We are delighted to welcome our next curator, microbiologist Dr Jennifer Tsang (@jw_tsang ). Jennifer is a postdoctoral research fellow Beth Israel Deaconess Medical Center and Harvard Medical School. Jennifer graduated with a PhD in microbiology from the University of Georgia, where she studied bacterial motility. Jennifer studies antimicrobial resistance, and also writes a microbiology blog called The Microbial Menagerie and is an editor for Science Seeker and the PostDoc Journal. Here’s Jennifer in her own words.
I have been intrigued by the world around me at a young age. I loved that there were so many things happening right in front of me that I couldn’t see: bacteria, viruses, atoms. I wanted to know more about the microscopic world and to see it for myself. I enjoyed learning about the earth, evolution, and animals in my formative years and eventually became a microbiology major in college.
In my undergraduate at the University of Rochester, I became fascinated by working in a lab: growing bacteria, deleting genes from cells, doing REAL science. I enjoyed it much more than I thought I would so I applied to graduate school to study microbiology. I spent those years deciphering the genetic intricacies behind how bacteria swim and move around. What keeps me interested in microbiology is how genius microbes are, how they always can find ways to circumvent tough circumstances.
I work on antimicrobial resistant bacteria such as carbapenem resistant Enterobacteriaceae (CRE) and colistin resistant bacteria, both which have been featured in the news lately. What I want to know is what genes contribute to resistance to these drugs. I also use robotics and automation to identify potential small molecules that could be developed into therapeutics against drug resistant bacteria.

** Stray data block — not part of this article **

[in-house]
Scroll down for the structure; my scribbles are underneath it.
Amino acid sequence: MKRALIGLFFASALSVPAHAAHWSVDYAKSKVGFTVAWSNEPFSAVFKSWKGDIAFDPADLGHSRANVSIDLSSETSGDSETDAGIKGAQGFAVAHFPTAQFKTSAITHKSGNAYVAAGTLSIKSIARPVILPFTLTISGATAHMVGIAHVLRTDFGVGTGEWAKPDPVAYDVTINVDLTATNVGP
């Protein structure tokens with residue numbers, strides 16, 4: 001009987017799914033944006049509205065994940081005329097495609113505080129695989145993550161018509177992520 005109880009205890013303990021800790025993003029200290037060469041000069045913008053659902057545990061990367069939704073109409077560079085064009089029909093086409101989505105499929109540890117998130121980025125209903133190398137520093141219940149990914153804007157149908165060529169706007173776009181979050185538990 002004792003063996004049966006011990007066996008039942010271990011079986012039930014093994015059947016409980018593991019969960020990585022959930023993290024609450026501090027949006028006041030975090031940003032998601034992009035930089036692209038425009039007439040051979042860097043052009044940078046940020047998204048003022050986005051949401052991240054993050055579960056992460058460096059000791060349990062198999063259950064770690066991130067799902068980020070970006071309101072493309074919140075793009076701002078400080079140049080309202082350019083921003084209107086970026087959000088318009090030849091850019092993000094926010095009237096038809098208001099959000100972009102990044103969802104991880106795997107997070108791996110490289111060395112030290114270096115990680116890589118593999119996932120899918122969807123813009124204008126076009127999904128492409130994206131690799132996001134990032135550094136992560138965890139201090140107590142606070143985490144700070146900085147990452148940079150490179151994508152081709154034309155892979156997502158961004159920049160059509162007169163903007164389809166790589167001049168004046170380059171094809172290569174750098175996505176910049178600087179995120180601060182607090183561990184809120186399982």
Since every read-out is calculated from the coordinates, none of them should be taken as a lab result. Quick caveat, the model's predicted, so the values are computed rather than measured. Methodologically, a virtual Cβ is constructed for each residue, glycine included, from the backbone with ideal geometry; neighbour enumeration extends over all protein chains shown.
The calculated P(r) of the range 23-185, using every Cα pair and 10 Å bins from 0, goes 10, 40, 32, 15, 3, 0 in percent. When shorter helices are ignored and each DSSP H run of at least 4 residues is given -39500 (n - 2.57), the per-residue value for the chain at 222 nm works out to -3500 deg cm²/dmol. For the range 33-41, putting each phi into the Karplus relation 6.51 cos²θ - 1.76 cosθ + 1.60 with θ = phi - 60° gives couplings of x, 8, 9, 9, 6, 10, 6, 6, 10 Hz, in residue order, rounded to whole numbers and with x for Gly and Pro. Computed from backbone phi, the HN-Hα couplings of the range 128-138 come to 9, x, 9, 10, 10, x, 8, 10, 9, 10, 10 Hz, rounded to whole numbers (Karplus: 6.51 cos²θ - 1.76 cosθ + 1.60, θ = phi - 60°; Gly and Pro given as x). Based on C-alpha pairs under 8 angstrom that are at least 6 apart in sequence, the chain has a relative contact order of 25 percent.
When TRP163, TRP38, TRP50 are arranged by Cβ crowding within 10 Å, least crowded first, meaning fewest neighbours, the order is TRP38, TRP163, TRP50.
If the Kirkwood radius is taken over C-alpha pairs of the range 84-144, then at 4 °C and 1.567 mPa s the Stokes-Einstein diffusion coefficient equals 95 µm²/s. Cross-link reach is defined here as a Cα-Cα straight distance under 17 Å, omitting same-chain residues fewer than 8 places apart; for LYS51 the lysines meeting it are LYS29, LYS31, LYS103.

Microbiology is everywhere. We rely on microbes to make foods like wine, beer, cheese, and even chocolate. Microbes can make you sick or can help your body function properly. They even help plants obtain nutrients. My work on antimicrobial resistance has direct relevance to the public. Recently, antimicrobial resistance have dominated the news with untreatable highly drug resistant bacterial infections popping up left and right. We are approaching the “post-antibiotic era,” a time where once treatable infections are no longer treatable due to antibiotic resistance to all drugs available today. Research in understanding how bacteria become resistant to drugs and how resistance arises as well as the development of new drugs to treat these infections is vital to overcoming this global problem.
I ferment kefir and I have to feed the kefir grains (symbiotic globs of bacteria and yeast that carry out the fermentation) new milk everyday to keep them alive and happy.
Aside from fermentations, I write a microbiology blog called The Microbial Menagerie When I am not doing science, I read, do yoga and run (survived my first half marathon last fall!). I also occasionally practice clarinet and piano.
On my day off: I would love to be traveling, seeing history, being in the mountains or the beach, and eating unique foods.
Please welcome Jennifer!